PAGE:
Some missing features — Building on this, Trello lacks some features that more complex tools like Asana offer. This is a sacrifice Trello has to make in order to keep their tool simple, but teams that require more advanced features may need to look elsewhere.

Trello logo

Trello is great for smaller to medium sized teams on a budget.

2. Wrike

Wrike is another one of the most popular project management tools available. Wrike’s focus is really on Gantt charts, though it lets you do a lot of things. If Gantt is an important project management feature for you, Wrike may be a good alternative.


Great features — Wrike is one of the more complete project management tools available. Not only does it use Gantt charts (a feature not all project management tools have), but it also provides super useful time tracking, reporting, and budgeting features.

Good user interface — One of the main things customers report that they like about Wrike is their great user interface. The UI looks professional and is easy to navigate. This great UI is also seen in their Android and iOS applications.


Only paid plans — Wrike is one of the project management tools that doesn’t offer a free plan (beyond their 14-day free trial). This can be a deal breaker for smaller teams or teams on a budget. However, this may not prove as an issue for well-funded teams as Wrike pricing isn’t too much higher than a typical paid project management plan.

Has a bit of a learning curve — Since Wrike offers so many great features, this means that it can take a while to learn how to fully utilize the tool. This won’t prove to be an issue for seasoned teams, but teams that aren’t well versed in project management tools may find Wrike difficult to fully learn.

Wrike logo

Wrike is good for teams that want lots of functionality…especially Gantt charts!


JIRA is sort of like Trello’s older cousin. They were both made by Atlassian and are both Kanban-style tools. There are a few key differences, however.


Affordable paid plans — JIRA has one of the cheapest paid plans available. Depending on your team size, JIRA costs between $1/user per month and $7/user per month. Compare this to $9.99 and $19.99 for Asana’s premium and business plans respectively and you’ll realize how affordable JIRA is.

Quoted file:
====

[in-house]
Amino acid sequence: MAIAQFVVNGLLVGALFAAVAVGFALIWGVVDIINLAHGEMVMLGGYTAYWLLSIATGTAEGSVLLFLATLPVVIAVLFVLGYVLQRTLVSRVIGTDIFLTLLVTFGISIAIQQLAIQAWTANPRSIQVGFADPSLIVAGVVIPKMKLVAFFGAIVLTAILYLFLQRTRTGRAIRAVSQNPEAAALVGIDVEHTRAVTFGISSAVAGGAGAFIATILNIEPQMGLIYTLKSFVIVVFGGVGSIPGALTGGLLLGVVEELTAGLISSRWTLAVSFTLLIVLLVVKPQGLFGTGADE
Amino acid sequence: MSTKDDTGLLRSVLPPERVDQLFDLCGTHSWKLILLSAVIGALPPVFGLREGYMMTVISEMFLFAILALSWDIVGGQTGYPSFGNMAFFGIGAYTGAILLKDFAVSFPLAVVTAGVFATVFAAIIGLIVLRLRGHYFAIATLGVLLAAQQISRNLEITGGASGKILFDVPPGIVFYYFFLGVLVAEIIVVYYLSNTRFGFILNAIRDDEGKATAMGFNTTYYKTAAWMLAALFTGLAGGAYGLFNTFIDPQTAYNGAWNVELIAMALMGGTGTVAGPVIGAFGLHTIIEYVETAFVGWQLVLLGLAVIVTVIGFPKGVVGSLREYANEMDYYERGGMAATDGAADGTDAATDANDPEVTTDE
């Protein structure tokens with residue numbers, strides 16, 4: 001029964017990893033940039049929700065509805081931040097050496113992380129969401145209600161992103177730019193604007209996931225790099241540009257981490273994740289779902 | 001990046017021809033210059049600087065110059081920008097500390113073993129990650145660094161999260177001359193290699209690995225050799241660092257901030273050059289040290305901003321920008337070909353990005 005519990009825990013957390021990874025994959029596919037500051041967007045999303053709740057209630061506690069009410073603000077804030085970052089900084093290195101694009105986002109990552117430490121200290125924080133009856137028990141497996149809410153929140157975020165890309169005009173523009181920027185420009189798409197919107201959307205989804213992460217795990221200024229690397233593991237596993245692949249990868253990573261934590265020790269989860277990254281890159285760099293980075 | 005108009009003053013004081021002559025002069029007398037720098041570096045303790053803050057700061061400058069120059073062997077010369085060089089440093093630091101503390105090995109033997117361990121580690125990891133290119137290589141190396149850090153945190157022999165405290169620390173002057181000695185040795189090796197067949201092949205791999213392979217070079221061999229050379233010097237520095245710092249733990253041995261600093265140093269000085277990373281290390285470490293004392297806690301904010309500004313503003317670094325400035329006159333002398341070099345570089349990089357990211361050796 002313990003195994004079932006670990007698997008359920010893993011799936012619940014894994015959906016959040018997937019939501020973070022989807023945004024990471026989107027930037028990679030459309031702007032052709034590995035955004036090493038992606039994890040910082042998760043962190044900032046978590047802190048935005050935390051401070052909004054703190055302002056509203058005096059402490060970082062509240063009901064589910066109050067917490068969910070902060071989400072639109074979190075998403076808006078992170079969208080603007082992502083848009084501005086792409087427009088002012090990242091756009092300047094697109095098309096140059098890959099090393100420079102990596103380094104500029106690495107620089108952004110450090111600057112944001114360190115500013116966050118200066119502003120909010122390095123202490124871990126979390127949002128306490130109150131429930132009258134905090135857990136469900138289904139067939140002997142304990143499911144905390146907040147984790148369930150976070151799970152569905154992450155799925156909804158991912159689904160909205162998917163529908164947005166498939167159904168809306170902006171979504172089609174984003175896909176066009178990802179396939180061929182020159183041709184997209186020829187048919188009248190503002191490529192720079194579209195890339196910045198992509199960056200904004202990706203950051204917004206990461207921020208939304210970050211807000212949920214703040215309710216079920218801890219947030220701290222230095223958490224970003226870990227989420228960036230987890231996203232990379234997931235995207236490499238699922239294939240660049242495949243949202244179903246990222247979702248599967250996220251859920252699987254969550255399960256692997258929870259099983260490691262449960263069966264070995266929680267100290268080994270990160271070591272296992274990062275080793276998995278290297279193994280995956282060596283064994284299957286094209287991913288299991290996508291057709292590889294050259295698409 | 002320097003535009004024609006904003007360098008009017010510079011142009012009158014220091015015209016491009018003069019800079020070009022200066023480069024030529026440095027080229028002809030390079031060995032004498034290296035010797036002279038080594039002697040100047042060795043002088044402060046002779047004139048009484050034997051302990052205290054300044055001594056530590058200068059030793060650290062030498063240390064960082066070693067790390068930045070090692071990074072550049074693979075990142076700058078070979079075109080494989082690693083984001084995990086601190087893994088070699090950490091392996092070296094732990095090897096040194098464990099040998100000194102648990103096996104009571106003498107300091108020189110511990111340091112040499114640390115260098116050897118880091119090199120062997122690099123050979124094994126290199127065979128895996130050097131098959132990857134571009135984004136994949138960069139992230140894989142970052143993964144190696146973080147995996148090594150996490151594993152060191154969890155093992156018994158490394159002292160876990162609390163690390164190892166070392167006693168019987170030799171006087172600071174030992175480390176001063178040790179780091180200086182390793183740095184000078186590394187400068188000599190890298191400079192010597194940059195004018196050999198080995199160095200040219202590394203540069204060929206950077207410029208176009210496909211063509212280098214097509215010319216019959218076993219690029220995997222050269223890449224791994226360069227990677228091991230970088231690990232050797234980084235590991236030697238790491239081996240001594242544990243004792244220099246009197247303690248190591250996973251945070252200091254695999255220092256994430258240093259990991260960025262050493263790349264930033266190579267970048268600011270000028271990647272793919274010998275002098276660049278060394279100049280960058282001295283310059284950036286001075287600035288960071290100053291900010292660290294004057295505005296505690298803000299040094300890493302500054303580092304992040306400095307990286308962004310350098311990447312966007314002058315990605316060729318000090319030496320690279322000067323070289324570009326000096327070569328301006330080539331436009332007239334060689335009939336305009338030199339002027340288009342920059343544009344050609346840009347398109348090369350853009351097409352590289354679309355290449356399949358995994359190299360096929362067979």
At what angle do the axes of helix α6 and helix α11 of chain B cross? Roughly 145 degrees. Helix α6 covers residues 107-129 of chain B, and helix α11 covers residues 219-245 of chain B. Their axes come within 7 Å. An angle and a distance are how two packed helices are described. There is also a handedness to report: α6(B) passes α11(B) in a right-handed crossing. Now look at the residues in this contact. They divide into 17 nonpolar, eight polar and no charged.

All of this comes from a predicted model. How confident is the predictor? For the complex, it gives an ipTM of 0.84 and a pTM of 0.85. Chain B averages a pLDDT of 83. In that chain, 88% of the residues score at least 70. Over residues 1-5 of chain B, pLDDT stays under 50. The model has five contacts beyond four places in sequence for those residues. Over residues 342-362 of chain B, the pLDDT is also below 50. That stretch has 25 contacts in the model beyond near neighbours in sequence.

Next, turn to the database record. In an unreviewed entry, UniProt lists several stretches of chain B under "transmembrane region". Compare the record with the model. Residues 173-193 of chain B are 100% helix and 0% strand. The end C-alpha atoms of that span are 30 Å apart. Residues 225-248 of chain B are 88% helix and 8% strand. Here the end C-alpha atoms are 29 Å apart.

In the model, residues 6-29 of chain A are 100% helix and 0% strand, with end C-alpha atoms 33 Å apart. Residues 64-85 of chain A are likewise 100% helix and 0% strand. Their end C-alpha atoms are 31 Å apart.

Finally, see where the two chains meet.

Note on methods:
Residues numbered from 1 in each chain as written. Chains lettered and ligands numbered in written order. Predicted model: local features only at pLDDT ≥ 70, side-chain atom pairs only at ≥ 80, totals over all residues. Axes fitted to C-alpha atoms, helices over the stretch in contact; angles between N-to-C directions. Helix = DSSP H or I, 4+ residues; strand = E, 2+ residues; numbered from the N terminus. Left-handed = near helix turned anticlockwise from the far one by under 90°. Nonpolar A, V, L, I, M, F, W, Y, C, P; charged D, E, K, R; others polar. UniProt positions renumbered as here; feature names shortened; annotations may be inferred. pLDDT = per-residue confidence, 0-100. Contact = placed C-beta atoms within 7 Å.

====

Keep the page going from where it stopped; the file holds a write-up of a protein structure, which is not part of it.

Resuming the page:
Specialized project templates — JIRA provides a number of templates for different types of project teams. Most notably, JIRA’s template for agile software dev teams, JIRA Software, is one of the best available.

Flexible back end — JIRA allows users to choose where to store their data. You can store your data on either your local servers or on JIRA’s cloud servers. This won’t be important for most, but it is some added flexibility that may help you feel more secure.


No free plan — Although JIRA’s paid plans are pretty cheap, they don’t offer a free plan for users. This may be limiting for some startups or smaller teams. However, if you have the money to pay for project management, pricing certainly shouldn’t be an issue for you.

Can take longer to learn — JIRA’s specialization can create tremendous value to your team, but you need to know how to make use of it. JIRA is Atlassians more heavy-duty project management solution…if you’re new to project management tools, Trello may be your better Asana alternative.

Jira logo

Jira is particularly good for agile software dev teams.

4. Teamwork

Teamwork is one of the project management tools that is considered more simple. They also provide services beyond project management. Let’s take a look at whether it could be the right Asana alternative for your team.


Quality plans — Not only is Teamwork one of the rare project management tools that offers a free plan, but their paid plans are a pretty good value. Teamwork offers two paid plans at $9/user per month and $15/user per month. These plans allow for up to unlimited users, as well as 250GB of file storage and 600 projects.